When I broke the rock containing the demon, I again picked that. “I really don’t think that works. You’re smashing a rock containing a demon.” “You said this could be explosive (per the Spout Lore I rolled beforehand). And I’m of value. So I don’t get damaged.” He nodded and rolled with it. Was it in the spirit of the move? We’re not sure, but we kept going.

What I Disliked

The two things I really didn’t care for were advancement and the antagonistic bonds. Advancement is something they’re working on, but the stat highlighting doesn’t do for DW what it does for AW — AW is a bit of a drama, where highlighting Hot means “I want to see you secure and manipulate people in this episode.” DW being a party adventure game, that’s weak. And, honestly, I’m not sure why saying “you get XP for killing shit” is a bad option for a D&D riff.

I quickly ratcheted up the experience with my Hack and Slash stat highlighted and one of the information-generating moves highlighted (Discern Realities). Will’s wizard did similar, since Spout Lore and I Cast Magic Missile In Your Face are both linked to the same highlighted stat. Garret had DEX & STR highlighted, so him firing arrows was good for him, but his information gathering (which he was good at) didn’t help him like it helped Will & I. So he was a good 10 XP down midway through the game.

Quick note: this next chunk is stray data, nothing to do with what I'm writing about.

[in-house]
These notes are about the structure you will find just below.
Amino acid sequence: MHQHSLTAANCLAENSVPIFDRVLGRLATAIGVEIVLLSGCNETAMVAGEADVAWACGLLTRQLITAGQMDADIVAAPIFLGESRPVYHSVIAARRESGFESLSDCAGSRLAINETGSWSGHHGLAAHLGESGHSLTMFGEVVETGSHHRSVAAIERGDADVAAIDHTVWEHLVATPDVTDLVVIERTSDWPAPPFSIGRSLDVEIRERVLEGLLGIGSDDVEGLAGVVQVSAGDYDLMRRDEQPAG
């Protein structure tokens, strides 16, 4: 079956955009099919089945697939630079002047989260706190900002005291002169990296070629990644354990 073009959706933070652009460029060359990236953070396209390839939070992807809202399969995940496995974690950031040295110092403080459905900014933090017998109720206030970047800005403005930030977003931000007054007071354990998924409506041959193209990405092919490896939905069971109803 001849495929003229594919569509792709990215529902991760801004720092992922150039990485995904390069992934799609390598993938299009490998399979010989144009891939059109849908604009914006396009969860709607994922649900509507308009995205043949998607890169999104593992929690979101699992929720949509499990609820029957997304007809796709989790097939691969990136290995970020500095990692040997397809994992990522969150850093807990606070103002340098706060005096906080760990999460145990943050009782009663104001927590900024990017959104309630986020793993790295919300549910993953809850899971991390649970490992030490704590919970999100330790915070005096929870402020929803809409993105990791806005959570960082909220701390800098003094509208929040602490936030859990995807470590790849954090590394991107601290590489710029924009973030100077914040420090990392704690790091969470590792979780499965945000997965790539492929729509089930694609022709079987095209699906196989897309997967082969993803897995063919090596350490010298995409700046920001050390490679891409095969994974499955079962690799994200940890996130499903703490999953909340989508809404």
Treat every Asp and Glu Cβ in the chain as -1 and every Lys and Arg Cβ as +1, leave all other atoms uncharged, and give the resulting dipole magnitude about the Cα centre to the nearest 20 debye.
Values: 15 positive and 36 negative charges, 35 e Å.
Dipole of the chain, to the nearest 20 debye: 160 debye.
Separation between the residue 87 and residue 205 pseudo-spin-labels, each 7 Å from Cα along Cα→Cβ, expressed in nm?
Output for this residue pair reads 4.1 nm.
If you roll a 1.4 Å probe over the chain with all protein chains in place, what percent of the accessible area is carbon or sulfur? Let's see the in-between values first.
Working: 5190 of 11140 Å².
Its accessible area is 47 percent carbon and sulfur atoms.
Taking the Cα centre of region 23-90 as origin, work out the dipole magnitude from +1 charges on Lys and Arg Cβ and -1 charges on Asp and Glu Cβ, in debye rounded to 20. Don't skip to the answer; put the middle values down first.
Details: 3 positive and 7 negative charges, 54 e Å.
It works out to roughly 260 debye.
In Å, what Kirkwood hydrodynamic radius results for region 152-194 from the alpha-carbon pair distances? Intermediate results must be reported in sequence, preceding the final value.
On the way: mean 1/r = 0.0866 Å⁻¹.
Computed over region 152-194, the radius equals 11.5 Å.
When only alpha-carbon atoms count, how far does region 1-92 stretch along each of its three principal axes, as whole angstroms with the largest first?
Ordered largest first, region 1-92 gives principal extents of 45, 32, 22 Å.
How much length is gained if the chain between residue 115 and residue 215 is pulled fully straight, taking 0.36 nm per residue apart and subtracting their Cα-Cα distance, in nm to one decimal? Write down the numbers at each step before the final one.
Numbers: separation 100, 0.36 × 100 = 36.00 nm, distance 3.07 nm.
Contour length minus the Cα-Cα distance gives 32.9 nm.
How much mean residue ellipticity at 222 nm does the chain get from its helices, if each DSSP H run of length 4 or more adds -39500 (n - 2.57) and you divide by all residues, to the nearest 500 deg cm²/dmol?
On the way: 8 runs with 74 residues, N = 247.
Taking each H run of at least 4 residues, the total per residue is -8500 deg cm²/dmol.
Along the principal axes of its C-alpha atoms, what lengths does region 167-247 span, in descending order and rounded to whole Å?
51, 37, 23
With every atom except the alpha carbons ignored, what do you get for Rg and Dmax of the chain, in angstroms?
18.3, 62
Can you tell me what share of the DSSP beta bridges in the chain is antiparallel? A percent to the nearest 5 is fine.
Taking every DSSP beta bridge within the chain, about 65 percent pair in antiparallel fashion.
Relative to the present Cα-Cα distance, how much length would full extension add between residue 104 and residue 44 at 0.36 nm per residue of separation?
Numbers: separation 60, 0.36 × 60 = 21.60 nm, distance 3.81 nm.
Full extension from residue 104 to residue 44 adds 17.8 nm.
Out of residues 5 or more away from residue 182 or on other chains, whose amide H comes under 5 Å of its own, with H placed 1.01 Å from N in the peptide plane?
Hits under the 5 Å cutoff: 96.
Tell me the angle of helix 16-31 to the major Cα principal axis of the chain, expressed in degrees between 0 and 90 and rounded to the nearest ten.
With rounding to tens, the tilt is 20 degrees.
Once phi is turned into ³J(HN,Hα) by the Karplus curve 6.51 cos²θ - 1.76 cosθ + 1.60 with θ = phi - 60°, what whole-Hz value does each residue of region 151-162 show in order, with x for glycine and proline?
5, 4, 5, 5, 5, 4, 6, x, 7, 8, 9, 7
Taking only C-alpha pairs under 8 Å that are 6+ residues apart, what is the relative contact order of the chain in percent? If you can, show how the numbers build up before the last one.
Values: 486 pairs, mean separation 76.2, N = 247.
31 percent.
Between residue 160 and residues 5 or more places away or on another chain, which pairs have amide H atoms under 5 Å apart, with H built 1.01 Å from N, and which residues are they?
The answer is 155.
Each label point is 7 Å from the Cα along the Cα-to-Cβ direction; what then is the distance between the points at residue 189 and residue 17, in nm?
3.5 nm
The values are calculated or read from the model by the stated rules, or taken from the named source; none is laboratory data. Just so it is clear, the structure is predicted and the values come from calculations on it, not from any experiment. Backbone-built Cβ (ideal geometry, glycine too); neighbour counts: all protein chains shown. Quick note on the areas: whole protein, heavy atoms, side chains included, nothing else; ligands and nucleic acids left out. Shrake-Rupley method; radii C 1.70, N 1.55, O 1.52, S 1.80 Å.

During a break, I told him and Hamish “Dude, I want to see Thorndir be all ranger-wise and see shit we don’t. Move the STR highlight to WIS.” They both were cool with the change, while expressing dissatisfaction with that part of the game. DW is a game about having a job, and the highlighting system from AW doesn’t jive with it. That said, I know Adam & Sage are working on that.

But what I very much dislike are the antagonist bonds. It’s a huge turn-off for me. In a game where the conceit is “let’s go adventure,” I don’t want baked-in reasons to say “fuck these guys, I’ll find other people.” I accepted it because I had some decent players around me that didn’t needle the “Ben is the subject of my experiments” or “Dodge stole from me and I know about it” stuff, but I could also see where I would just check out of the game if that became an issue. I suspect some people dig those, but I’d like to see more options for bonds to where the players at the table aren’t mechanically penalized if they avoid the antagonistic bonds (and thus be worse off at helping each other[3]).